Japanese car sales in China ‘back on track’
Published on November 28, 2012 by Joey Wang
Japanese automakers have started to see their sales in China rebound after the Chinese-Japanese island-row caused sales to decline in the past two months.
Even so, analysts said the disagreement will continue to have repercussions, as will the inconsistent strategy Japanese companies have employed in trying to sell their products.
After declining by almost half in September, Toyota Motor Corp’s sales in China have shown a “moderate rebound” since mid-October, said Niu Yu, a spokesman for Toyota’s China operation.
“Things are starting to get back on track,” he said. “We have started promoting products again in advertisements, and those have met with a warm response.”
Feng Xingya, executive deputy chief executive officer of Guangzhou Toyota Motor Co Ltd, one of Toyota’s joint ventures in China, told Xinhua News Agency on Sunday that the company’s sales have returned to where they were before the row.
Meanwhile, Nissan Motor Co’s sales in China have shown a meager recovery in recent weeks, said Shen Li, China spokeswoman for the company.
Even so, Shen said it’s difficult to say what will happen in the long run, noting that the dispute can easily have unpredictable results.
Yao Yiming, executive vice-general manager of Guangzhou Honda Automobile Co Ltd, was quoted by Xinhua as saying Honda has seen a rebound in both its China revenue and customer numbers since early November. Two months before, the company’s sales in the country had decreased by 40.5 percent.
Japanese automakers universally reported declining sales in China after protests over Japan’s illegal “purchase” of the Diaoyu Islands in September led to calls to boycott their products.
Less prominent brands have proved the most vulnerable, said Zeng Zhiling, director of LMC Automotive Asia Pacific Forecasting, an automotive industry research group.
For instance, Mitsubishi Motors Corp reported that its China sales decreased by 63 percent in September, falling to 2,340 vehicles. Mazda Motor Co said its sales in the country decreased by 36 percent, down to 13,258 vehicles for the month.
“The consequences are so huge that the total market share of Japanese cars fell by about 12 percentage points to about 8 percent in October,” Zeng said.
The dispute has cooled off a bit, he said, but courage is still needed to be seen in a Japanese car in some places in China.
A study last month by the banking corporation JP Morgan Chase & Co predicted the number of Japanese car exports to China would decrease by 70 percent from October to December. At the same time, it said car part exports would fall by 40 percent, a rate of decline also predicted for many types of consumer products.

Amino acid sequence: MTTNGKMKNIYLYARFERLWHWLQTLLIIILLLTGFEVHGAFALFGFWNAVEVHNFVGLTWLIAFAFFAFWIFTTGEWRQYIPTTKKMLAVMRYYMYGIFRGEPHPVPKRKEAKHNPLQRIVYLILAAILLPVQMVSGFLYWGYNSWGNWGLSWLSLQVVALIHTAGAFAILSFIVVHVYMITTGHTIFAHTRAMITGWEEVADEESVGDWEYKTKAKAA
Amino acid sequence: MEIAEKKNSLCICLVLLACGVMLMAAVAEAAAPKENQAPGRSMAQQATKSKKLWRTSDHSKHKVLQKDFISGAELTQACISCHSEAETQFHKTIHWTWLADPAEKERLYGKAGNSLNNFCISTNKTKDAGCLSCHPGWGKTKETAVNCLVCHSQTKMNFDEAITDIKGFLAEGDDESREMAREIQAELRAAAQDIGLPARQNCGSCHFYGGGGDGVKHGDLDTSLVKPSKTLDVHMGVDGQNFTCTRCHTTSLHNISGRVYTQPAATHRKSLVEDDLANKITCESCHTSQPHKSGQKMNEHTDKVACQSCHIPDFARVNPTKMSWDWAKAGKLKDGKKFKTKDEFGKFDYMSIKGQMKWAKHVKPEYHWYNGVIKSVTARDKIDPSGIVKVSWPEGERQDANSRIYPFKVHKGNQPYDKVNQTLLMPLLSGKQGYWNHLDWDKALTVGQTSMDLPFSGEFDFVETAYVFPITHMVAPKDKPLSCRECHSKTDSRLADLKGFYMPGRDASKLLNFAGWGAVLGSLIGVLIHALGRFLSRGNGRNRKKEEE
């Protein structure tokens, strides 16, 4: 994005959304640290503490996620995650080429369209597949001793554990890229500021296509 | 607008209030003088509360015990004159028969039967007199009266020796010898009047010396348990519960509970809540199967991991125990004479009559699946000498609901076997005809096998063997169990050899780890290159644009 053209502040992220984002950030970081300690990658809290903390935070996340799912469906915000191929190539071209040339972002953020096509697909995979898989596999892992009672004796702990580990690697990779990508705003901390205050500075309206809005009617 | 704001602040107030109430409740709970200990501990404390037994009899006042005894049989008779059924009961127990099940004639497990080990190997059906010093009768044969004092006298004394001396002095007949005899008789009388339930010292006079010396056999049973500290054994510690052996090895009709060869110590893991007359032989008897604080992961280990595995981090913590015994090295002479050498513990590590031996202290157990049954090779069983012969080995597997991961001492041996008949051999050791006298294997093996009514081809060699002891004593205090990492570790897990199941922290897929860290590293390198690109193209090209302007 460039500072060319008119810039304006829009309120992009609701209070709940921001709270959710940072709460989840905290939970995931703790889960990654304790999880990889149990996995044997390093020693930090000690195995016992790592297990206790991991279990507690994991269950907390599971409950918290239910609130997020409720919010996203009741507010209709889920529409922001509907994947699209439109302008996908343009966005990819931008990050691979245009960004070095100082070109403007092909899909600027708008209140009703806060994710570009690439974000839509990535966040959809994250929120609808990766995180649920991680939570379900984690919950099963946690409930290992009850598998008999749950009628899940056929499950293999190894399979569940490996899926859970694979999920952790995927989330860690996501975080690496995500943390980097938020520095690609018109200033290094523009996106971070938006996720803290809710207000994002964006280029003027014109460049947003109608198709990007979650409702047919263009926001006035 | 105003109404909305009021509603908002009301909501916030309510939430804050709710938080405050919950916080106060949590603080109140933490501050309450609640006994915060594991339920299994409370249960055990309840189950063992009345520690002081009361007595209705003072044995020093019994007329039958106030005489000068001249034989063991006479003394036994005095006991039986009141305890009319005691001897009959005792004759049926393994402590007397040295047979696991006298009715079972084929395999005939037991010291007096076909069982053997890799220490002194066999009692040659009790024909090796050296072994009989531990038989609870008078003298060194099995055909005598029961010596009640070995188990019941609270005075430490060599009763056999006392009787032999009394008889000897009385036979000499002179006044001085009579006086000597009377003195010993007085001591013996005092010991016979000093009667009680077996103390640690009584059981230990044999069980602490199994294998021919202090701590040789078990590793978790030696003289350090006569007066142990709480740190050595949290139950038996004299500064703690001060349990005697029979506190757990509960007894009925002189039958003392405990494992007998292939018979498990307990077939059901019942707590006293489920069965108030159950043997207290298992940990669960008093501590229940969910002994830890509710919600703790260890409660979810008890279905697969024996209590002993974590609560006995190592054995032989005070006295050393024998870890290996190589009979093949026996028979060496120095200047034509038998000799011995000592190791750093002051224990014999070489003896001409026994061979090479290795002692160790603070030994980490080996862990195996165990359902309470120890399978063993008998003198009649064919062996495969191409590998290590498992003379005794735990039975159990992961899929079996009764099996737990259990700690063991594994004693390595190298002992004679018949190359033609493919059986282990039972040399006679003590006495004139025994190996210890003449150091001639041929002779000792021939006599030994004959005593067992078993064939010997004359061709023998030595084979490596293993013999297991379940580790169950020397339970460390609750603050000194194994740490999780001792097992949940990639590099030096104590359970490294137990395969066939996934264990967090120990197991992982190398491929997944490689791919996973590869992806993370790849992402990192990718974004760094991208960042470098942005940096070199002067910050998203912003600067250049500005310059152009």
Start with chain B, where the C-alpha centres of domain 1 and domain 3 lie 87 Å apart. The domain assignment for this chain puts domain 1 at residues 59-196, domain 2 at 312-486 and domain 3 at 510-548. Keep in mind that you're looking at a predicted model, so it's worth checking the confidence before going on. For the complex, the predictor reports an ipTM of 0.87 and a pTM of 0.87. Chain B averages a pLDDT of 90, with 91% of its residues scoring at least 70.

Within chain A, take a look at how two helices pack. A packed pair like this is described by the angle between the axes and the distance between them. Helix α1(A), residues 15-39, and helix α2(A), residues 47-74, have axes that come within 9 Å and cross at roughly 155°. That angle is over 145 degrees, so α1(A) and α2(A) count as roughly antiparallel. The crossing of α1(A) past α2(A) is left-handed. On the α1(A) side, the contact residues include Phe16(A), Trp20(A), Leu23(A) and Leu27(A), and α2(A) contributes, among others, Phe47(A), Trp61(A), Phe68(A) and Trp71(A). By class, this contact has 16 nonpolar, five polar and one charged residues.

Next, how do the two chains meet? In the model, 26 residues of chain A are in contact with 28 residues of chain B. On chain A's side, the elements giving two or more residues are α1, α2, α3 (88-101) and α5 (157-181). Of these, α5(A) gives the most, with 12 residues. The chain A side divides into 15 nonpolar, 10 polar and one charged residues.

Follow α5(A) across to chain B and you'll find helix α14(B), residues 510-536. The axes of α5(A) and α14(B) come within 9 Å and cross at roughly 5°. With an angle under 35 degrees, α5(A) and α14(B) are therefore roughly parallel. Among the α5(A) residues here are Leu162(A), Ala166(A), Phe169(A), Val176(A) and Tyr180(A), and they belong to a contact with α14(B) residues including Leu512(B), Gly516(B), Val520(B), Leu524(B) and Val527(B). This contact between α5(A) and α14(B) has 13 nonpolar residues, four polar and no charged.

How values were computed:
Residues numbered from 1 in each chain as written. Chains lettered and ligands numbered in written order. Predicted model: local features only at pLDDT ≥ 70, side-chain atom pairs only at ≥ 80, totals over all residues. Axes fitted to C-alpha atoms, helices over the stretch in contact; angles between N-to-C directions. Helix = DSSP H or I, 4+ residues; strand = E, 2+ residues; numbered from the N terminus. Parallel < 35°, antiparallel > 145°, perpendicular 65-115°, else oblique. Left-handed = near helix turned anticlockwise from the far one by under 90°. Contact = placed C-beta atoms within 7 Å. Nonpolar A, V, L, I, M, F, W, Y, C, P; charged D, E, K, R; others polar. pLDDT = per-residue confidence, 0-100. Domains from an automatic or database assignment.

Before tensions erupted over the islands, Japanese automakers had held slightly more than a fifth of the Chinese auto market. So long as the tensions continue, they may see their sales decline again, Zeng said.
“It’s safe to say that this political row, if it’s not fully resolved, will be a time bomb that could deal a heavy blow to Japanese cars,” he added.
Analysts said a greater threat to Japanese automakers lies in their shortsighted approach toward the Chinese market.
The sudden decline in demand for Japanese vehicles has proved to be an unexpected boon to other foreign brands, said Lin Huaibin, auto analyst with the information company IHS Automotive.
About half of the potential customers who had once shown an interest in Japanese cars have since decided to buy German, South Korean or US vehicles, he said. As a result, BMW’s China sales increased by 55 percent in September, Audi’s by 20 percent and Hyundai Motor Co’s by 15 percent.
Japanese automakers have not moved aggressively to expand in the world’s largest auto market.
“With intensified competition, Japanese manufacturers are lagging behind Volkswagen and General Motors in the introduction of new products, and they haven’t developed many exciting technological breakthroughs,” Lin said.
For one, Japanese automakers have not done much to make sure their designs incorporate Chinese elements — a practice commonly found in GM’s various car models.
Japanese automakers are taking steps, though, to change their ways. Toyota recently said it will introduce two brands that will be sold exclusively in China next year, and Shen said Nissan also plans to sell models tailored to the Chinese market.
Lin, though, remains pessimistic about the company’s prospects.
“A number of Japanese cars have been recalled in recent years, and that has clouded their reputation for quality.”